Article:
Tame termites in the Wild West with a subterranean termite treatment.

When I bought my pest management business in 2005, the company had done mostly termite treatments up until then. My goal was to continue that work and branch into general pest control work, as well. Due to the decline in the housing market, termite treatments tapered off, but the general household pest market really picked up. The good news is: the housing market is improving and termite work is increasing along with it. Here in Arizona, we have a different species of termite – the Western subterranean termite. One of the most destructive pests in North America, the Western termite causes millions of dollars in damage throughout the Western states. Still, most people don’t purchase a preventive termite job in this area. They usually don’t call until they actually have termites. I’m a premium termiticide user – I don’t normally use generics, and I’ve always been a big fan of Talstar® Professional insecticide. So when FMC Professional Solutions introduced Transport® termiticide that incorporated acetameprid into the mixture with bifenthrin, I was intrigued.I did trials with the new product and found that it works really well. Transport termiticide is one of those products that surprised me. The two active ingredients provide two layers of treatment zones within the soil. The outer zone gives quick results against termites active inside and outside the structure, while the inner zone set us up a long-lasting barrier, preventing future invasions. Now, Transport termiticide is one of my mainstay products for termite work. At this point, termite treatments comprise about 20 percent of our business and we continue to get more calls than we did...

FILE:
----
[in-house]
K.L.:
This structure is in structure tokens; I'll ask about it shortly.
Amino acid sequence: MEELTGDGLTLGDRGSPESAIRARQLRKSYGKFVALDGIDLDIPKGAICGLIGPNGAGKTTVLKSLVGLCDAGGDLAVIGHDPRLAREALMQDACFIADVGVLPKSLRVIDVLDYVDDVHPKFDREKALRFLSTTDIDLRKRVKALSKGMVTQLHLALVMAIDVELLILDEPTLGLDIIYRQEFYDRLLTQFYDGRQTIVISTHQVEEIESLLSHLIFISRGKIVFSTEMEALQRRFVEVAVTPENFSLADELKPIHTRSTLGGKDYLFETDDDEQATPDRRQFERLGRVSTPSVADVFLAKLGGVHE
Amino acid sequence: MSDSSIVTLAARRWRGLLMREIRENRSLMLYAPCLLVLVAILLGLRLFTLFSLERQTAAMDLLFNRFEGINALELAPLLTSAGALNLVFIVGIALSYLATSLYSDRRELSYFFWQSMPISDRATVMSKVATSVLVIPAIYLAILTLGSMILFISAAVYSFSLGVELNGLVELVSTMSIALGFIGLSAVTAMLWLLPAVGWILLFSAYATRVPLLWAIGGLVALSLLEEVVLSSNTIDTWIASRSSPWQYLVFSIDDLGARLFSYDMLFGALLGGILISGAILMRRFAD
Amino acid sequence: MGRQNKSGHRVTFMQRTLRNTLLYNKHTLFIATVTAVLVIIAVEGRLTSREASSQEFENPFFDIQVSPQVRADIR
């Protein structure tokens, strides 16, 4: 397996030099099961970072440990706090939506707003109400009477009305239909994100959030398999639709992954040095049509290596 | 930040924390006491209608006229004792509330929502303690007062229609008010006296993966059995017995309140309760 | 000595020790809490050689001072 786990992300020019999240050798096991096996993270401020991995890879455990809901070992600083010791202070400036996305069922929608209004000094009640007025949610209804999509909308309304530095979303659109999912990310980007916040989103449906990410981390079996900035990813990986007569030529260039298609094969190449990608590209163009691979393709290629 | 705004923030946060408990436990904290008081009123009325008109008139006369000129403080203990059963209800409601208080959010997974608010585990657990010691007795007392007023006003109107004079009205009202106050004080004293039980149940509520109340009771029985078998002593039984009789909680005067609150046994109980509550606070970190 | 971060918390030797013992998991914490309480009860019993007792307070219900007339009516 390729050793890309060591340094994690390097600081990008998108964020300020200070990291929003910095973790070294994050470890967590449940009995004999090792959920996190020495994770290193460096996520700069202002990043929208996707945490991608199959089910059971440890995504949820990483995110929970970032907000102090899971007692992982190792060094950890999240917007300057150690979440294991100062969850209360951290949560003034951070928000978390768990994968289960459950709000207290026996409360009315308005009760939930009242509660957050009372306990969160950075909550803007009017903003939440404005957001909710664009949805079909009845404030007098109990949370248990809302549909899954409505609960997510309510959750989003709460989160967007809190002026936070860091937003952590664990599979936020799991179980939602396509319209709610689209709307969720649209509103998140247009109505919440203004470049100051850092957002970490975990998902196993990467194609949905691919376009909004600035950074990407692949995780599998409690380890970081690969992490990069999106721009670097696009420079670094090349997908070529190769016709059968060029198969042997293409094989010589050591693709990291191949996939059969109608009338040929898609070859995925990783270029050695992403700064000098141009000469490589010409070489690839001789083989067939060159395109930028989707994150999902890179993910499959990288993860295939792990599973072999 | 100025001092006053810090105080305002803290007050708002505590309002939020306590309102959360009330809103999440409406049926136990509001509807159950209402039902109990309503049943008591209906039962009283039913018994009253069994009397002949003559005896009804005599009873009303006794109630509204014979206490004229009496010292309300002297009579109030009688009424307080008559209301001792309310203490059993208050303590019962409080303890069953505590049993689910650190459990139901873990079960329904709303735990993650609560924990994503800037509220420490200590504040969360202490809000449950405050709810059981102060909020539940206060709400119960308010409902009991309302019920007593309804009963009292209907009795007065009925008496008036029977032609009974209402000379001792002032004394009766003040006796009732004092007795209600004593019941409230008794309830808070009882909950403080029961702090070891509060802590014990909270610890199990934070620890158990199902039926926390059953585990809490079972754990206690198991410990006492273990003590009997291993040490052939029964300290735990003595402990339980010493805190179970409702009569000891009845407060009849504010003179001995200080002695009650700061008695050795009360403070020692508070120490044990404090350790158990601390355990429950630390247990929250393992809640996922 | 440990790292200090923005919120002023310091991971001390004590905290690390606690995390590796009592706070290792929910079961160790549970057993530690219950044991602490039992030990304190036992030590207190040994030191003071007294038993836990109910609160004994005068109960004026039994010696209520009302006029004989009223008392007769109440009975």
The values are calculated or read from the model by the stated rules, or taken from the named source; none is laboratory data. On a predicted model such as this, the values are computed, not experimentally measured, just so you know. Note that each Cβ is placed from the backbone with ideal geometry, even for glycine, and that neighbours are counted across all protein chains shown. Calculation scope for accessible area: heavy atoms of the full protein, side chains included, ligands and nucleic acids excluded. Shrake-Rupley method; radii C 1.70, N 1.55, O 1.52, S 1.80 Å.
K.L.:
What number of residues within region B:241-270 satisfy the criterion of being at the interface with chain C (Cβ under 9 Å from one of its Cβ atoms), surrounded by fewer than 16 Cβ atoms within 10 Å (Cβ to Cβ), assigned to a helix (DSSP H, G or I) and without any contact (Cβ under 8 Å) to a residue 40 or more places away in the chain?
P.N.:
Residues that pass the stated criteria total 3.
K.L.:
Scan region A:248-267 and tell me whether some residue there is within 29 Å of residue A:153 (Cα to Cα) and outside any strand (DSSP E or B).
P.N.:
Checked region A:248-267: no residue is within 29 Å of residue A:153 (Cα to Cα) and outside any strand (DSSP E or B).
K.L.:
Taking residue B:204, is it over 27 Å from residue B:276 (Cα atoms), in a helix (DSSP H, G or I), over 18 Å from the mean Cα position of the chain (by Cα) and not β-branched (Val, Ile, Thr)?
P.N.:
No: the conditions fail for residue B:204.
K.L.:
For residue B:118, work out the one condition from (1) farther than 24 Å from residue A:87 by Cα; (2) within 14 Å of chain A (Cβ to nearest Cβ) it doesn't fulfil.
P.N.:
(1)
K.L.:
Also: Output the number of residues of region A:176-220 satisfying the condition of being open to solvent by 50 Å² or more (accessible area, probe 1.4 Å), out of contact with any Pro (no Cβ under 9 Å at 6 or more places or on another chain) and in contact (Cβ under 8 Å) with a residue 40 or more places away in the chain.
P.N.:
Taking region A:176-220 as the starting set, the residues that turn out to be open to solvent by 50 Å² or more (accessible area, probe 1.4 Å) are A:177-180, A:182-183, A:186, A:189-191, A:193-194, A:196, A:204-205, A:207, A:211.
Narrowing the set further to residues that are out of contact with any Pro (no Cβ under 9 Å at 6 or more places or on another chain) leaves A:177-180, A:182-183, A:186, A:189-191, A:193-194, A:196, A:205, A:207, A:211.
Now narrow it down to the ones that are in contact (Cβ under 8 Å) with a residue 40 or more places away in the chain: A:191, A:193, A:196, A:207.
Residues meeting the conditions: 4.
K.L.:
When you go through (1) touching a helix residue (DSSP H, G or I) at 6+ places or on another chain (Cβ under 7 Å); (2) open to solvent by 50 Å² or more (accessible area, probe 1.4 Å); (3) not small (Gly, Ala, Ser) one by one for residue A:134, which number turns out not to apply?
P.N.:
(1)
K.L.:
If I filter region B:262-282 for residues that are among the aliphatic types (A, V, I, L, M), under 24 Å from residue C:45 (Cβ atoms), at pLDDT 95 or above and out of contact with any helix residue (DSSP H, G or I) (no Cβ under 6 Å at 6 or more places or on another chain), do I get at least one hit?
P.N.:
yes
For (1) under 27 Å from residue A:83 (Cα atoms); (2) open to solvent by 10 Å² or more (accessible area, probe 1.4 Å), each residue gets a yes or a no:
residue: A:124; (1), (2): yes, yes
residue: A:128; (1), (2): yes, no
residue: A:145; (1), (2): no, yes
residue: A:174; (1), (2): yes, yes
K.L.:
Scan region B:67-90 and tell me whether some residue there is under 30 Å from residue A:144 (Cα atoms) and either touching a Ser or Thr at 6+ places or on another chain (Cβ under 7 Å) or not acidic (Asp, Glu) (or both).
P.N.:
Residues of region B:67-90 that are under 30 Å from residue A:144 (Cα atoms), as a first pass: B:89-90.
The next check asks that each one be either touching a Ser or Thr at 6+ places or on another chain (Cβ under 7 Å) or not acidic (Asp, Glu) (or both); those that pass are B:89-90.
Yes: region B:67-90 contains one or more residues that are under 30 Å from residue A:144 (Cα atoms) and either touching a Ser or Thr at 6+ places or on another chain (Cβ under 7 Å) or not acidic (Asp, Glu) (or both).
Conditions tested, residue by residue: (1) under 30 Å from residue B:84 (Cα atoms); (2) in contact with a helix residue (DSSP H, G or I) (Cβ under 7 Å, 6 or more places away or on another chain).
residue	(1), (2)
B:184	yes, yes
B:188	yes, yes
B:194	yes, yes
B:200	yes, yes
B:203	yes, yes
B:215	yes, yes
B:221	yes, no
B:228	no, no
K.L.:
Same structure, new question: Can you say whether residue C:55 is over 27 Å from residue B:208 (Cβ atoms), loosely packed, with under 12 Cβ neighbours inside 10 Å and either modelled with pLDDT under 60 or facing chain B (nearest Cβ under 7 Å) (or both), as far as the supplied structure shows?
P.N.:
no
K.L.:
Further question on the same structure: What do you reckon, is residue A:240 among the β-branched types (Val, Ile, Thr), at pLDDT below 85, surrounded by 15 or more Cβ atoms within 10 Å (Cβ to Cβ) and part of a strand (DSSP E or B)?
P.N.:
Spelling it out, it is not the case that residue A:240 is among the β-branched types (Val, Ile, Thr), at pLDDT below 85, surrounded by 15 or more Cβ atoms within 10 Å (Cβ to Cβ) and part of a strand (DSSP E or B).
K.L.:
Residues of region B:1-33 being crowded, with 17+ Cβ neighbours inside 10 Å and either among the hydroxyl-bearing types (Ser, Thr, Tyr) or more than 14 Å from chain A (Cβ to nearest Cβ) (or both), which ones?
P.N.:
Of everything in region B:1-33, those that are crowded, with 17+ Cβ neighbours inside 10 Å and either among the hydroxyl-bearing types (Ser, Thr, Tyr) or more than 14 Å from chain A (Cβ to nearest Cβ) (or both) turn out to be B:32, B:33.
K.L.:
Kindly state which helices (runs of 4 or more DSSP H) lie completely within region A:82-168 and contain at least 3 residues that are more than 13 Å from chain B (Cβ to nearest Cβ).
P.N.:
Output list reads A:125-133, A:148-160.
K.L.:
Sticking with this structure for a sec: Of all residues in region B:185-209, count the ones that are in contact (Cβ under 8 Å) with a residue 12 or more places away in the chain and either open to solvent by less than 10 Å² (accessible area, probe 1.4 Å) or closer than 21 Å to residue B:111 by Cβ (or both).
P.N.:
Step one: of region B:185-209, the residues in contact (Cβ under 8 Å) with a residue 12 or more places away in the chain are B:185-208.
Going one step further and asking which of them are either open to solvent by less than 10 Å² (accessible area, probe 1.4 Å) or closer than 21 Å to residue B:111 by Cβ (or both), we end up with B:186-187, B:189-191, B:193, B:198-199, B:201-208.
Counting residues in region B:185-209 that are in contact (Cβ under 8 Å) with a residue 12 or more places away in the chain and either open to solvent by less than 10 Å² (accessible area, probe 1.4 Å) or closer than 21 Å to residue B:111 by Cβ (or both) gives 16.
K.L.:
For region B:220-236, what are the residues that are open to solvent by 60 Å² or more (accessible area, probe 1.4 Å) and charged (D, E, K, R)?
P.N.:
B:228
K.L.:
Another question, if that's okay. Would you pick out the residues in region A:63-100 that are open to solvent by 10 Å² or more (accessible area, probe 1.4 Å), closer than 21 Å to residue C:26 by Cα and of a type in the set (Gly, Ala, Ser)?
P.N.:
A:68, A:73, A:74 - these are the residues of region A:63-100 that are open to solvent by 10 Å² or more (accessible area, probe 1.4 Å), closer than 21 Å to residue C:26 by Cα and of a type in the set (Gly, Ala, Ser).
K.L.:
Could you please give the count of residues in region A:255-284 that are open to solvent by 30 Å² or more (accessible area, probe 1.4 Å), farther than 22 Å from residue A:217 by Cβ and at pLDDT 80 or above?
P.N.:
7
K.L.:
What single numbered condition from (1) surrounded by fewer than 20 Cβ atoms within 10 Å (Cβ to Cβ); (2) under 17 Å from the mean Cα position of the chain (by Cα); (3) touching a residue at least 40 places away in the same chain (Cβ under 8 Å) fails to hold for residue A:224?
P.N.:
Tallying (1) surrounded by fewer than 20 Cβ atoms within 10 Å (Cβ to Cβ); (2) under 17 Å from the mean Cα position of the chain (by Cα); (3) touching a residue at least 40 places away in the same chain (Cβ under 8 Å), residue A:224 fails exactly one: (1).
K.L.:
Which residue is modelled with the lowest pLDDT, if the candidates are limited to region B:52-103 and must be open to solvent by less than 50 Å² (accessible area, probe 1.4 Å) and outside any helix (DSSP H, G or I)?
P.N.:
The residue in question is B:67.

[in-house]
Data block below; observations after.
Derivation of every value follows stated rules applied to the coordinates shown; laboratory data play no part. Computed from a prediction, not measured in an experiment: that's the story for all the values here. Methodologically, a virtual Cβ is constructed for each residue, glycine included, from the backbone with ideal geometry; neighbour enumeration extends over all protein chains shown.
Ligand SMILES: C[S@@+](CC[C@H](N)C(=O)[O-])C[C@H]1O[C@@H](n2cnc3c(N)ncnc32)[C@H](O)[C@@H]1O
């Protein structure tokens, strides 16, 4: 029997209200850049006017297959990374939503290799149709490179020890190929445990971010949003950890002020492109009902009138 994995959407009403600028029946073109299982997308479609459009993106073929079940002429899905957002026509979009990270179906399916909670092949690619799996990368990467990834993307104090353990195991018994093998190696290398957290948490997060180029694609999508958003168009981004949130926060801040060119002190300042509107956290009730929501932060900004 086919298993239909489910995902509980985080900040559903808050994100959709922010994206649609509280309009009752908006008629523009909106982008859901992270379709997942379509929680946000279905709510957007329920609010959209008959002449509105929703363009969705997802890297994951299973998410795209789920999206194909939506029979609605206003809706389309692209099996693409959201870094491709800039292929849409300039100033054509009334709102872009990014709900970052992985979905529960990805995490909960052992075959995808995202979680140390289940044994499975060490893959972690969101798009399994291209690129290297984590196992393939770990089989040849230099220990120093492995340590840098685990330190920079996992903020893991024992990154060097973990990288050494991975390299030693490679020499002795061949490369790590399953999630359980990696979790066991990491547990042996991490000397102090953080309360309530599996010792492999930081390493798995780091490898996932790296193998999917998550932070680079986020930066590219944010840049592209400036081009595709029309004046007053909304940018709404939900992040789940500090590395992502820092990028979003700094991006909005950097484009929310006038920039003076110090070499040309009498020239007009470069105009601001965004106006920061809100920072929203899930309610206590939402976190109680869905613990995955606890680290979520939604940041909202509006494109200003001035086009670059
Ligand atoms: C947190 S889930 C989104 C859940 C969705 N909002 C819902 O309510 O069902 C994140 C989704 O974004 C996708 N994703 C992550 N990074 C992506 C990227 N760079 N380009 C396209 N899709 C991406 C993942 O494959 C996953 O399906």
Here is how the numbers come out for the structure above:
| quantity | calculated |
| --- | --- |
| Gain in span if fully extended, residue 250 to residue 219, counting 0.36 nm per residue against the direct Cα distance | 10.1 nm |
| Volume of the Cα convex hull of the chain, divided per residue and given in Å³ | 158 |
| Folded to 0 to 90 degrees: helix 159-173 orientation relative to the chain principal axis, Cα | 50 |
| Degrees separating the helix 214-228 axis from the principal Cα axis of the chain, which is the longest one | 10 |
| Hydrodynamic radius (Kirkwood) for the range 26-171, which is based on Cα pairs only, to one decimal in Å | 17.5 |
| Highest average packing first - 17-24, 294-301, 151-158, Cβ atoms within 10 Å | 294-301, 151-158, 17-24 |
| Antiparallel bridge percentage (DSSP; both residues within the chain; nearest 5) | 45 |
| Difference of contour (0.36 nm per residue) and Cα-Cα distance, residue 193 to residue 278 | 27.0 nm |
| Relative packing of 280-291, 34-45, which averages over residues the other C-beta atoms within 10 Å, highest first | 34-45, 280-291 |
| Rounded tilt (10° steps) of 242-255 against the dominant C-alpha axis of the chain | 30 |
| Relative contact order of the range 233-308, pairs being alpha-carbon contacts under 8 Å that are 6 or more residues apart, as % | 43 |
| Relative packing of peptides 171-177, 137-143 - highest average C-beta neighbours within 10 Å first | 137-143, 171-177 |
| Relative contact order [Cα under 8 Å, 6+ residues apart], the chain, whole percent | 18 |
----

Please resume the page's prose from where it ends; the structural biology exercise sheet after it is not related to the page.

Transport® GHP Testimonial – Half the Volume Use and Lower Retreat Rates.

Transport® GHP Testimonial – Half the Volume Use and Lower Retreat Rates.

Chase Hazelwood is general manager of Go-Forth Pest & Lawn Service. An avid sports fan, he plays soccer all year long and closely follows the Charlotte Panthers. He and his wife, Leah, have two small children. Watch a video of Chase here In 1959, my grandfather, Frank Goforth, started a one-man pest management operation in High Point, N.C., now known as Go-Forth Pest & Lawn Service. My father, Chuck Hazelwood, took over in 1981, and I began running the business in 2008. For years, we handled strictly termite and pest management, but we established the lawn care division in 2011. Most of our business is residential customers within a 75-mile radius of High Point. Our 25 employees include two full-time lawn care specialists, four full-time termite technicians, 12 route technicians and a six-person office staff. We always set up ride-alongs to train our technicians. But it didn’t matter how many times we trained, there were always mistakes. We started using Transport® GHP insecticide in June 2011 as our primary insecticide. It provides excellent control and long residual. But the number one thing I like about it is that there is no measuring. The water-soluble packets make applications so much easier. Plus, it is a wettable powder formulation, which I really like. They seem to hold up better and have less environmental impact. Before Transport GHP, we weren’t happy with our retreat rates. We needed something with a longer residual. We found that Transport GHP stays on the surface longer. Now, we are not getting any spider retreats – and hardly any ant retreats. From 2011 to 2012, our retreat...